IDEAS home Printed from https://ideas.repec.org/p/bom/ieewps/209.html
   My bibliography  Save this paper

The Role of Anti-Corruption Agencies in the Investigation and Prosecution of Procurement Related Corruption Cases

Author

Listed:
  • Engelbert, Annika

Abstract

In most developing countries, anti-corruption agencies were established in compliance with international treaties to prevent and combat corruption through law enforcement. Yet conviction rates in corruption have remained very low, undermining the deterrent effect arising from a high risk of detection. Whereas previous research has focused on identifying external success factors for anti-corruption agencies, this paper argues that effective collaboration mechanisms between these agencies, monitoring bodies in corruption-prone sectors such as public procurement, and public prosecution are crucial for curbing corruption. By means of a comparative case study of Tanzania and Uganda, it shall be explored whether a more streamlined or dispersed collaboration approach is more promising in a highly corrupt setting. Besides national laws, the analysis is based on findings from expert interviews and on reports by procurement authorities and the media.

Suggested Citation

  • Engelbert, Annika, 2014. "The Role of Anti-Corruption Agencies in the Investigation and Prosecution of Procurement Related Corruption Cases," IEE Working Papers 209, Institut fuer Entwicklungsforschung und Entwicklungspolitik, Ruhr-Universitaet Bochum.
  • Handle: RePEc:bom:ieewps:209
    as

    Download full text from publisher

    File URL: http://www.development-research.org/images/pdf/working_papers/wp-209.pdf
    Download Restriction: no

    References listed on IDEAS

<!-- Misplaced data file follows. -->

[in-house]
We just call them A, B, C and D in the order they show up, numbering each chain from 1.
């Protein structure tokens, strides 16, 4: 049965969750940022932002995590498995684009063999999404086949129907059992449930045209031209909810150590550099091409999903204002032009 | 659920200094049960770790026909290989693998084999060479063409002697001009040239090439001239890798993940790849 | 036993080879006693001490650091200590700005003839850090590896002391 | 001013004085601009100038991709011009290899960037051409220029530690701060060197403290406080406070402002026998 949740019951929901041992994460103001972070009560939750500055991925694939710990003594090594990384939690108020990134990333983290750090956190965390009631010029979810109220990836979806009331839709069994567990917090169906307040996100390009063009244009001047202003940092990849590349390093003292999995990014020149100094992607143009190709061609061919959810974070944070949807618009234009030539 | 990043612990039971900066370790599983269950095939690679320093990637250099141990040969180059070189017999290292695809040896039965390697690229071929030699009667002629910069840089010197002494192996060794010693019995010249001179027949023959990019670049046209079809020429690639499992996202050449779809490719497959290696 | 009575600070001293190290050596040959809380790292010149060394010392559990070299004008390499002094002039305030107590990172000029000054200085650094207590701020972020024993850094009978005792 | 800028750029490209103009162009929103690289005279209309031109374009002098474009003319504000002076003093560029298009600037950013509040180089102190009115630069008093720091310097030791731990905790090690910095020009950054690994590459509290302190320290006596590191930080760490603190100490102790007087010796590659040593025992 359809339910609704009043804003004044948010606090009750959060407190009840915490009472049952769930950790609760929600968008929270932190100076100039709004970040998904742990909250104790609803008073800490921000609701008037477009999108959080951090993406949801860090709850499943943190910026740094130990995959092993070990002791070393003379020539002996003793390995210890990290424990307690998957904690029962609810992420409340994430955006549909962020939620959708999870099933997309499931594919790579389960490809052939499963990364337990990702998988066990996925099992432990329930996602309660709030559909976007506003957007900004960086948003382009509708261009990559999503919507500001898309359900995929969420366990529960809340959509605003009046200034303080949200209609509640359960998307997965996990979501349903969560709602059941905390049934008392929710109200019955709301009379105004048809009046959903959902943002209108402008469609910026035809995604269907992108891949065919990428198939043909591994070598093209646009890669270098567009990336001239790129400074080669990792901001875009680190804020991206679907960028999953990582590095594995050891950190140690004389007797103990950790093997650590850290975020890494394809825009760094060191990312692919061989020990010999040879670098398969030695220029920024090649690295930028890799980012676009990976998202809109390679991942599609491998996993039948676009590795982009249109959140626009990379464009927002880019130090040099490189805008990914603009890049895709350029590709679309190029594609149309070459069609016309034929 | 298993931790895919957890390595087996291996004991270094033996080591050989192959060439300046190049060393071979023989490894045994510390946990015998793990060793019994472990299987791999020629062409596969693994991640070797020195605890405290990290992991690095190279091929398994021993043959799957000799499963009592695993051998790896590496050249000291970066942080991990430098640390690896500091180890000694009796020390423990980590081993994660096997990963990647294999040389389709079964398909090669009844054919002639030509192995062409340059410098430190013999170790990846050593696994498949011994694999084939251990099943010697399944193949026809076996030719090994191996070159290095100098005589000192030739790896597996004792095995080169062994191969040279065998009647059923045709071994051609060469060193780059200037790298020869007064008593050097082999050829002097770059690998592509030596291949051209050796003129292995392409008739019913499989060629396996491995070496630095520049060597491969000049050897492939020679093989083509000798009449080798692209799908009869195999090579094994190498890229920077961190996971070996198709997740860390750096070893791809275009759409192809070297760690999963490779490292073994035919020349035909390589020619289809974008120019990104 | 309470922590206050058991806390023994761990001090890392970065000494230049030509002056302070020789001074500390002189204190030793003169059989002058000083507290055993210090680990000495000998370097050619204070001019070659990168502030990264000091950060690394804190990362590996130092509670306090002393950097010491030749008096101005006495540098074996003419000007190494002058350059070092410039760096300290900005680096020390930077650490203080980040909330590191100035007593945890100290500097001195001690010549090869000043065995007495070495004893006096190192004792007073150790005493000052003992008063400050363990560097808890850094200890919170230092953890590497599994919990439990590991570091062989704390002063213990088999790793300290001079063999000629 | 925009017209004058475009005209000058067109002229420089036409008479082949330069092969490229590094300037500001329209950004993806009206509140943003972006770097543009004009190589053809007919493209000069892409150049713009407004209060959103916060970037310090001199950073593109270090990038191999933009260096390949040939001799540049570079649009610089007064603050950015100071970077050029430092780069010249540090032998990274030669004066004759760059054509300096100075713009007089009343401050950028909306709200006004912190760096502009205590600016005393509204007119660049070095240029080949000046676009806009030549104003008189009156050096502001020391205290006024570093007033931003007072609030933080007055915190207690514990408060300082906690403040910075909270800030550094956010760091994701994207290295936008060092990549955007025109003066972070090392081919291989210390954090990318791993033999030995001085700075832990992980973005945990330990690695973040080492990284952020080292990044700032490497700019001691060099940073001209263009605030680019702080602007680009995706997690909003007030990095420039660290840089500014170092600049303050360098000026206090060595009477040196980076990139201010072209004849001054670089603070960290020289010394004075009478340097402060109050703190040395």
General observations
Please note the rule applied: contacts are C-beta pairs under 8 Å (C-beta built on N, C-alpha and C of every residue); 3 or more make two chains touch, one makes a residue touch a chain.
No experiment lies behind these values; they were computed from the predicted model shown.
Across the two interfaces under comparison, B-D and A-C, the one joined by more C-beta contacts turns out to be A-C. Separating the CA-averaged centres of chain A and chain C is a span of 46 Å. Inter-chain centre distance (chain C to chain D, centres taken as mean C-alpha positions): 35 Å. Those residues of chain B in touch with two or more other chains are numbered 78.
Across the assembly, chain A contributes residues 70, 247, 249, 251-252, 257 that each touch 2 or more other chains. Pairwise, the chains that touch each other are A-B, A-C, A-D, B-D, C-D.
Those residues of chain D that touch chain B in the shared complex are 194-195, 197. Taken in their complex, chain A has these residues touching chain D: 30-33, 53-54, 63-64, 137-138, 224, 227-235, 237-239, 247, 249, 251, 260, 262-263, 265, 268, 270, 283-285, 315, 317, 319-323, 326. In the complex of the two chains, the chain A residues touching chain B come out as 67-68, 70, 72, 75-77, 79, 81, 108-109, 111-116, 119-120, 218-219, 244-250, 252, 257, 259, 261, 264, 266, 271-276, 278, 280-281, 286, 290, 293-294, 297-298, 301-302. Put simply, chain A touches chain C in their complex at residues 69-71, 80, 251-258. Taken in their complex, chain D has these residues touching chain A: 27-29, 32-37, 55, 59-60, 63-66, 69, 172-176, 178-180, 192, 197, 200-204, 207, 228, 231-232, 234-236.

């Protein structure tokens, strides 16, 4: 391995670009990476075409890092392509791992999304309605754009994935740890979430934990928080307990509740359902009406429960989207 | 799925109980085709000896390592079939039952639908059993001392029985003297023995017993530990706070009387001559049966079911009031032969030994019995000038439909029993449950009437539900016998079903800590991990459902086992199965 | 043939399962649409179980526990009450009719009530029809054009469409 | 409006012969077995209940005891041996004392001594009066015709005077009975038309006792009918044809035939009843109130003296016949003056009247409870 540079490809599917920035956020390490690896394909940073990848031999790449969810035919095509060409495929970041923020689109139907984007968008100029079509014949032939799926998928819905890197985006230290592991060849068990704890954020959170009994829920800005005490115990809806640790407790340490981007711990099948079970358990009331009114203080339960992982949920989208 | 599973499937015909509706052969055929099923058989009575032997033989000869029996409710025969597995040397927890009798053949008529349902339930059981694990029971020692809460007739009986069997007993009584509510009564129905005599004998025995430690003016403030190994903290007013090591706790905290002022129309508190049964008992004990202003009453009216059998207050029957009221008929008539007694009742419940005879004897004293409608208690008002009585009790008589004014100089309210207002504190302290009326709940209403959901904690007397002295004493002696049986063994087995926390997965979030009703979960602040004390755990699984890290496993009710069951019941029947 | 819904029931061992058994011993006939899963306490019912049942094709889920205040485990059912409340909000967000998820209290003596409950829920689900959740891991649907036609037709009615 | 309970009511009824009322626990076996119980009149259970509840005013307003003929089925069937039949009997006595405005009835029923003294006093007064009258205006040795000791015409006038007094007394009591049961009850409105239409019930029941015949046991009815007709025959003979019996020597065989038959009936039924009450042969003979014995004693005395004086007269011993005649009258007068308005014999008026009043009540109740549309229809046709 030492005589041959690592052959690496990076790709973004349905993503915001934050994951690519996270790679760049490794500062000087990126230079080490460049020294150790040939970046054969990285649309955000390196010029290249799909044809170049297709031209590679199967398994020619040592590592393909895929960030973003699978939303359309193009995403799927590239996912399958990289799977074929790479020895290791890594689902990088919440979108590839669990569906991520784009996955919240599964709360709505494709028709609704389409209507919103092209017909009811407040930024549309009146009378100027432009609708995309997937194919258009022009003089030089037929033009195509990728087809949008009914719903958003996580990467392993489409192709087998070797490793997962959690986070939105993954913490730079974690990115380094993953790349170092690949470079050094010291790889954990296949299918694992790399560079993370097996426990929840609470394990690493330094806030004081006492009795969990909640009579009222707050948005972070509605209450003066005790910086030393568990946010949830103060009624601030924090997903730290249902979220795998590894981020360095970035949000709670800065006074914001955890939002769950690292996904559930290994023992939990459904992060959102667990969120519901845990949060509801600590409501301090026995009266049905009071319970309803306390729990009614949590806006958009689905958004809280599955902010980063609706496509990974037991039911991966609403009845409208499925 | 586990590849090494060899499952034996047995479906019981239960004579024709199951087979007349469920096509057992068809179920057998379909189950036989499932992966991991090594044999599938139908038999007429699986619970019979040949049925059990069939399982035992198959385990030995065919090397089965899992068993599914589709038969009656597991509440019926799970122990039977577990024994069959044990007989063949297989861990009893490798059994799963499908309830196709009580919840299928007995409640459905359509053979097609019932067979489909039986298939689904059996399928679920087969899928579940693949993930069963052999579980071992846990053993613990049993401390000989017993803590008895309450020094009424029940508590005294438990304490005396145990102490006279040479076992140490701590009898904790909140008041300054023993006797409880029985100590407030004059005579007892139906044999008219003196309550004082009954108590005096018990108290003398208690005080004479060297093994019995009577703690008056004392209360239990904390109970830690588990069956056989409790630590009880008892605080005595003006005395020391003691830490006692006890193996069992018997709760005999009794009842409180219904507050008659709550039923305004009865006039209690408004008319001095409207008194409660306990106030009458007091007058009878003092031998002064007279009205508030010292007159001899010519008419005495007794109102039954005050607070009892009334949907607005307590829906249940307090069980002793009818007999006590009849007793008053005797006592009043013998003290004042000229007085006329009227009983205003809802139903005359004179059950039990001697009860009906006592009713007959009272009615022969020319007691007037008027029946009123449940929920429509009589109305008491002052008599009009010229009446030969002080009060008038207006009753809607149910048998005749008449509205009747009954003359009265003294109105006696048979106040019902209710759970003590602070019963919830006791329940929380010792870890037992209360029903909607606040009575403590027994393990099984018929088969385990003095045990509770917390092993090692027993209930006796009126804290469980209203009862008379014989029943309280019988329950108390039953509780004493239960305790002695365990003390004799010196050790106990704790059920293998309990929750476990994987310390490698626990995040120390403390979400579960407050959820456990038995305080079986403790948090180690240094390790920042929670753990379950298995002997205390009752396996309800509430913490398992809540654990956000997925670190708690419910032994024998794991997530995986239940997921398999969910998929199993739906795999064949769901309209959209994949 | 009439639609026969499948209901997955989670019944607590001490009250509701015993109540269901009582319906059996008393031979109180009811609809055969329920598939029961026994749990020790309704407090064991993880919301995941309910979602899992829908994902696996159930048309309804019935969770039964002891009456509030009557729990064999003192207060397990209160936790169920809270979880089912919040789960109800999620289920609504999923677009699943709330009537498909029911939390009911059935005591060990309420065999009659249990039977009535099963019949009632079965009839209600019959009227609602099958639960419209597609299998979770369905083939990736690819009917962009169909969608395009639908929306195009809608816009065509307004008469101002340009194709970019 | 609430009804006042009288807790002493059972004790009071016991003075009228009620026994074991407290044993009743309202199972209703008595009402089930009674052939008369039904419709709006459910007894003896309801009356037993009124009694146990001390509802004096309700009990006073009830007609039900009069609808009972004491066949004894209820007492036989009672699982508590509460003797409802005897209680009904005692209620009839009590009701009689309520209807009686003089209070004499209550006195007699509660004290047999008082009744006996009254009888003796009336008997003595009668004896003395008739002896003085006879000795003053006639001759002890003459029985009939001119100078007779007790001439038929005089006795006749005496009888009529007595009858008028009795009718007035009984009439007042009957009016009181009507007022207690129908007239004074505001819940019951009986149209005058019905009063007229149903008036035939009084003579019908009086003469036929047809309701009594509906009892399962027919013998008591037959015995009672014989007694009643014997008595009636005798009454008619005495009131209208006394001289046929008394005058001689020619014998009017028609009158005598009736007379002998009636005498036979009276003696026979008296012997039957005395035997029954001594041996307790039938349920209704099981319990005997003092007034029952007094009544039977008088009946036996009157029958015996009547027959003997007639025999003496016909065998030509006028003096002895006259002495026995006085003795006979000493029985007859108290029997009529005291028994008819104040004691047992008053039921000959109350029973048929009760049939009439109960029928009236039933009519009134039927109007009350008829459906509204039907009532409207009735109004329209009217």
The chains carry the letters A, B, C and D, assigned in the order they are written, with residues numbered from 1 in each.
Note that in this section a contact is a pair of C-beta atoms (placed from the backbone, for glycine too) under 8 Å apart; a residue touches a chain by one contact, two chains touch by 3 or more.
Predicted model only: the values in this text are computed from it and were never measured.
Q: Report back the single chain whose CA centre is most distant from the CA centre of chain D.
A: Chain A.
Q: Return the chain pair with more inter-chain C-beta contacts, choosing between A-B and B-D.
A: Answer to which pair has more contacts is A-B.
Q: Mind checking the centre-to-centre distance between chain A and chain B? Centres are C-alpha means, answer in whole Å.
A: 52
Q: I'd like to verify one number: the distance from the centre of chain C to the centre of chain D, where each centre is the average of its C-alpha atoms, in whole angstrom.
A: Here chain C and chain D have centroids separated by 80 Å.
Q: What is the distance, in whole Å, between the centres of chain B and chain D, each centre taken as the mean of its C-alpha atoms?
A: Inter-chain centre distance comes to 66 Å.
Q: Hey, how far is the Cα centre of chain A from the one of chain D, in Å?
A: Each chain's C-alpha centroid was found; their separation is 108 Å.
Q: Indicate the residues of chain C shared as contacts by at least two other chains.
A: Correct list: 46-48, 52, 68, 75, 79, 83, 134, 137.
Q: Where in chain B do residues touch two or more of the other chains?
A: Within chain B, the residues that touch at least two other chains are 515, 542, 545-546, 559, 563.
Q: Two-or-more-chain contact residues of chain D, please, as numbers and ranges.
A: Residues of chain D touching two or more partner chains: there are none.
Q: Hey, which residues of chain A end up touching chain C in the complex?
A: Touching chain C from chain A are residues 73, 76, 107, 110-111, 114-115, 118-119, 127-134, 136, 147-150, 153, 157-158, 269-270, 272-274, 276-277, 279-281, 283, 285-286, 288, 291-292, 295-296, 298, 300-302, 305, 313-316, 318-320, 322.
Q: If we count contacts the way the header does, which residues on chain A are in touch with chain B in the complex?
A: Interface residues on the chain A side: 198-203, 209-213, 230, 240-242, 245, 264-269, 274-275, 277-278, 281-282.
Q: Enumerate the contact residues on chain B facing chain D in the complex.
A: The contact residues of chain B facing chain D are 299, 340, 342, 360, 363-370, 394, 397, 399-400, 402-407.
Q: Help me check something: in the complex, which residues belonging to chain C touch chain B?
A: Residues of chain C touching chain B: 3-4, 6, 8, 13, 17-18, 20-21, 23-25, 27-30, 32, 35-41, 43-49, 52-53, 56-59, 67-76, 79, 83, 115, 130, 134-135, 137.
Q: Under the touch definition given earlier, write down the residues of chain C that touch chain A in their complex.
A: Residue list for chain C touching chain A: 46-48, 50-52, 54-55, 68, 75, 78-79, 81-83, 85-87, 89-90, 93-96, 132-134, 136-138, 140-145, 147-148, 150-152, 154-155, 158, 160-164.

as
    1. Walter Odhiambo & Paul Kamau, 2003. "Public Procurement: Lessons from Kenya, Tanzania and Uganda," OECD Development Centre Working Papers 208, OECD Publishing.
    Full references (including those not matched with items on IDEAS)

    More about this item

    Keywords

    Corruption; Anti-corruption agencies; Tanzania; Uganda;

    NEP fields

    This paper has been announced in the following NEP Reports:

    Statistics

    Access and download statistics

    Corrections

    All material on this site has been provided by the respective publishers and authors. You can help correct errors and omissions. When requesting a correction, please mention this item's handle: RePEc:bom:ieewps:209. See general information about how to correct material in RePEc.

    For technical questions regarding this item, or to correct its authors, title, abstract, bibliographic or download information, contact: (Dorothee Sensen). General contact details of provider: http://edirc.repec.org/data/iebocde.html .

    If you have authored this item and are not yet registered with RePEc, we encourage you to do it here. This allows to link your profile to this item. It also allows you to accept potential citations to this item that we are uncertain about.

    If CitEc recognized a reference but did not link an item in RePEc to it, you can help with this form .

    If you know of missing items citing this one, you can help us creating those links by adding the relevant references in the same way as above, for each refering item. If you are a registered author of this item, you may also want to check the "citations" tab in your RePEc Author Service profile, as there may be some citations waiting for confirmation.

    Please note that corrections may take a couple of weeks to filter through the various RePEc services.

    IDEAS is a RePEc service hosted by the Research Division of the Federal Reserve Bank of St. Louis . RePEc uses bibliographic data supplied by the respective publishers.